"The honour is all yours, Mr. Darcy."
Elizabeth thought she detected the slightest smile on his face. She watched as Darcy drew his blade and cut down the two zombies with savage yet dignified movements. He then made quick work of beheading the slaughtered staff, upon which Mr. Bingley politely vomited into his hands. There was no denying Darcy's talents as a warrior.
"If only," she thought, “his talents as a gentleman were their equal."
4. I wish I could post more and more scenes, but I’ll stop with this final, sweet, heartwarming snippet which takes place after Elizabeth and Darcy have finally declared their affections for one another:
As they made for the house, Elizabeth and Darcy happened upon a herd of unmentionables, no more than a dozen in number, which had quartered itself in a garden not ten yards from the road. The creatures were crawling on their hands and knees, biting into ripe heads of cauliflower, which they had mistaken for stray brains. Elizabeth and Darcy laughed at the sight, and for a moment, resolved to keep walking-as the zombies had failed to take notice of them. But, sharing a glance and a smile, the pair realised they had stumbled onto their first opportunity to fight side by side.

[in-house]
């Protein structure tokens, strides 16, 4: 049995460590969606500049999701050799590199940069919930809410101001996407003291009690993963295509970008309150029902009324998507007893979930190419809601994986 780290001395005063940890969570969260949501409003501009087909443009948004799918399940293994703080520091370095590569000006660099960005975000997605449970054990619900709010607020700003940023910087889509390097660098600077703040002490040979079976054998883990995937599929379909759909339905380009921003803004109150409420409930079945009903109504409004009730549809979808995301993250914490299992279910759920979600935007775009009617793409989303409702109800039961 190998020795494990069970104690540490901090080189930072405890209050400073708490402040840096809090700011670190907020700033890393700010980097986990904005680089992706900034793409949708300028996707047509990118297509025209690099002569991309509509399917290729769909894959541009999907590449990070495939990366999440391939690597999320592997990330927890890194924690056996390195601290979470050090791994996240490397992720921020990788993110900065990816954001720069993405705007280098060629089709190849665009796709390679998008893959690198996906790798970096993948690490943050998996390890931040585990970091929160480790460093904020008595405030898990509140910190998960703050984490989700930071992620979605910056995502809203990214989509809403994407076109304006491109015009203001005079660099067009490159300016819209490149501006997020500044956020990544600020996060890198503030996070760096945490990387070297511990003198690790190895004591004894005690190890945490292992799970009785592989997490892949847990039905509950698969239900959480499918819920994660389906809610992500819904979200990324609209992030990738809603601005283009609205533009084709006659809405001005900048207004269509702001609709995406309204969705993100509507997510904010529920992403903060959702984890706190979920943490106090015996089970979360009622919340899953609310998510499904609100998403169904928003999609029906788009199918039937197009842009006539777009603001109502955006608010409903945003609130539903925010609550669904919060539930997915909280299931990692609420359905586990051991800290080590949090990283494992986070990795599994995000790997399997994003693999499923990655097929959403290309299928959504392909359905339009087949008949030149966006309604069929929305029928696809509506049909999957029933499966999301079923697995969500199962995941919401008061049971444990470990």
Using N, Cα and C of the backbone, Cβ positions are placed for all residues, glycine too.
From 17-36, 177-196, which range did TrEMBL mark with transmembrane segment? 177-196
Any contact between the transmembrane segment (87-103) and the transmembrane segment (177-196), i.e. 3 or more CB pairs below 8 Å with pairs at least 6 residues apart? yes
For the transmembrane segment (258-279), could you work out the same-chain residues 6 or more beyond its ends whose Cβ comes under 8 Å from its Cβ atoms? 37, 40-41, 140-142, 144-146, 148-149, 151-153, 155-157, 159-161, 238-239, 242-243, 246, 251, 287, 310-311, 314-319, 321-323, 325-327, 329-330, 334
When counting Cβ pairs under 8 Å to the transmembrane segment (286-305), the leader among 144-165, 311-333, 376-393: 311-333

And so they did.
The bottom line – if you found <i>Pride and Prejudice</i> an agreeable read, and your senses wouldn’t be overly offended by the liberties taken by Mr. Seth Grahame-Smith’s inclusion of “dreadfuls” throughout the story, I’d encourage you to give this a try. You might just like it as much as I did.